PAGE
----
Sustained heat, lack of rain, abundant fuels.
When I think of hazards and California, my mind used to primarily go to earthquakes. Well, the last significant earthquake was 1994 Northridge.
Since then there has been a drought of earthquakes and more recently rain in California. They did have a good year of rain/storms last year, but with record heat waves, it does not take much to be brought directly back to extremely dry conditions.
Thus, today when people think of California and disasters, they are more likely to think of wildland fires and those that are now entering the wildland interface where urbanization and the wild meet.
See this article, Why are California's wildfires so intense and what can be done?
Note, these are usually not forested areas. Clear cutting is not the solution and while carbon might have created the problems we are having today and may worsen them more in the future, we will likely have to fall back on climate adaptation strategies for prevention. Separating people and the built environment from the hazard. Employing more fire-resistant materials in our building practices, and other such measures are the practical steps we can start taking today.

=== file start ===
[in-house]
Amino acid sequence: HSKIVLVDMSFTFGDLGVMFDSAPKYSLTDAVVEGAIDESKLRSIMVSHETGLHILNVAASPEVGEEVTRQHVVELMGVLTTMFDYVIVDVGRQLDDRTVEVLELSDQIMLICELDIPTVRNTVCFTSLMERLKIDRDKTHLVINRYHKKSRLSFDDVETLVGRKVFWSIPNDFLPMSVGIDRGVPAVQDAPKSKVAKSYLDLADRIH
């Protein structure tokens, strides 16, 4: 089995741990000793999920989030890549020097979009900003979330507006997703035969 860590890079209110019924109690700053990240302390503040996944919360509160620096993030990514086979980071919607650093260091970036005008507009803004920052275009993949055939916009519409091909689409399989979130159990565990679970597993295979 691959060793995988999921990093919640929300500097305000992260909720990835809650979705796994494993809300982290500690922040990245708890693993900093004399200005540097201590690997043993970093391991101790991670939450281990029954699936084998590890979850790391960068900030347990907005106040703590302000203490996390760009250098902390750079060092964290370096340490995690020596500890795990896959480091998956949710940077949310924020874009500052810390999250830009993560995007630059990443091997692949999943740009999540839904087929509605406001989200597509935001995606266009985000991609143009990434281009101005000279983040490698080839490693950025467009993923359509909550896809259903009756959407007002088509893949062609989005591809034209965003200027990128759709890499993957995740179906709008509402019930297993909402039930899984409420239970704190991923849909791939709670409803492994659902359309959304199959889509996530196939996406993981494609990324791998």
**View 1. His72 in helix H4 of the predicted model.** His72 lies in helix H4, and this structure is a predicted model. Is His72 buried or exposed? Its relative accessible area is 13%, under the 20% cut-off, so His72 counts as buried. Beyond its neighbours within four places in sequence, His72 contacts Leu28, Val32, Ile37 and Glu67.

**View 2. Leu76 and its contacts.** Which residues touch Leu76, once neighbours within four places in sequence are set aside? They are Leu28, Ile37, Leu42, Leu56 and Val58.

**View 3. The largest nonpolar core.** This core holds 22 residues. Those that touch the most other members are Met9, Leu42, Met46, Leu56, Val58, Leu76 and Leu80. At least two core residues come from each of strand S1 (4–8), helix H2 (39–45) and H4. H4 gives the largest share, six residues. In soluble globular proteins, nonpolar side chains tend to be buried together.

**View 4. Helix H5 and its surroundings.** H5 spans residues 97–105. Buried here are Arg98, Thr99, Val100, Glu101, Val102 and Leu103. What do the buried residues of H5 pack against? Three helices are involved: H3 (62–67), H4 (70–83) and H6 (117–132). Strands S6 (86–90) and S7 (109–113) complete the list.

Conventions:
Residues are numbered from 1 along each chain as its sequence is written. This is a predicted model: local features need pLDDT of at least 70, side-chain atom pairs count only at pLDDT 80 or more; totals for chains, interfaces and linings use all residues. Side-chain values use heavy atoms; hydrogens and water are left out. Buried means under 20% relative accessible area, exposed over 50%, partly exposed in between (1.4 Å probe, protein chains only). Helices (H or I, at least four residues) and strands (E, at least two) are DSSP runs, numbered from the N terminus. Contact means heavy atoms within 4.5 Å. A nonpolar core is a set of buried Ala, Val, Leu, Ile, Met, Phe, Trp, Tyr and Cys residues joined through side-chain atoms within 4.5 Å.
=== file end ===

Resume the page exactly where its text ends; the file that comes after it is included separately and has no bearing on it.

And, don't forget the fire insurance! I expect premiums will start going up for everyone — to pay for losses, and they should go up for structures that exist in more fire hazard areas. People won't like it — but they made choices when they bought homes or built homes where they did.
I shared last year that my son-in-law's parents lost their home to a forest fire in Montana. Fires had come close many times in the past, but this time it consumed their home of many years. Living in the wild/forest is a choice, and as I told my children growing up, with choices sometimes come consequences.
Claire Rubin shared the fire link above.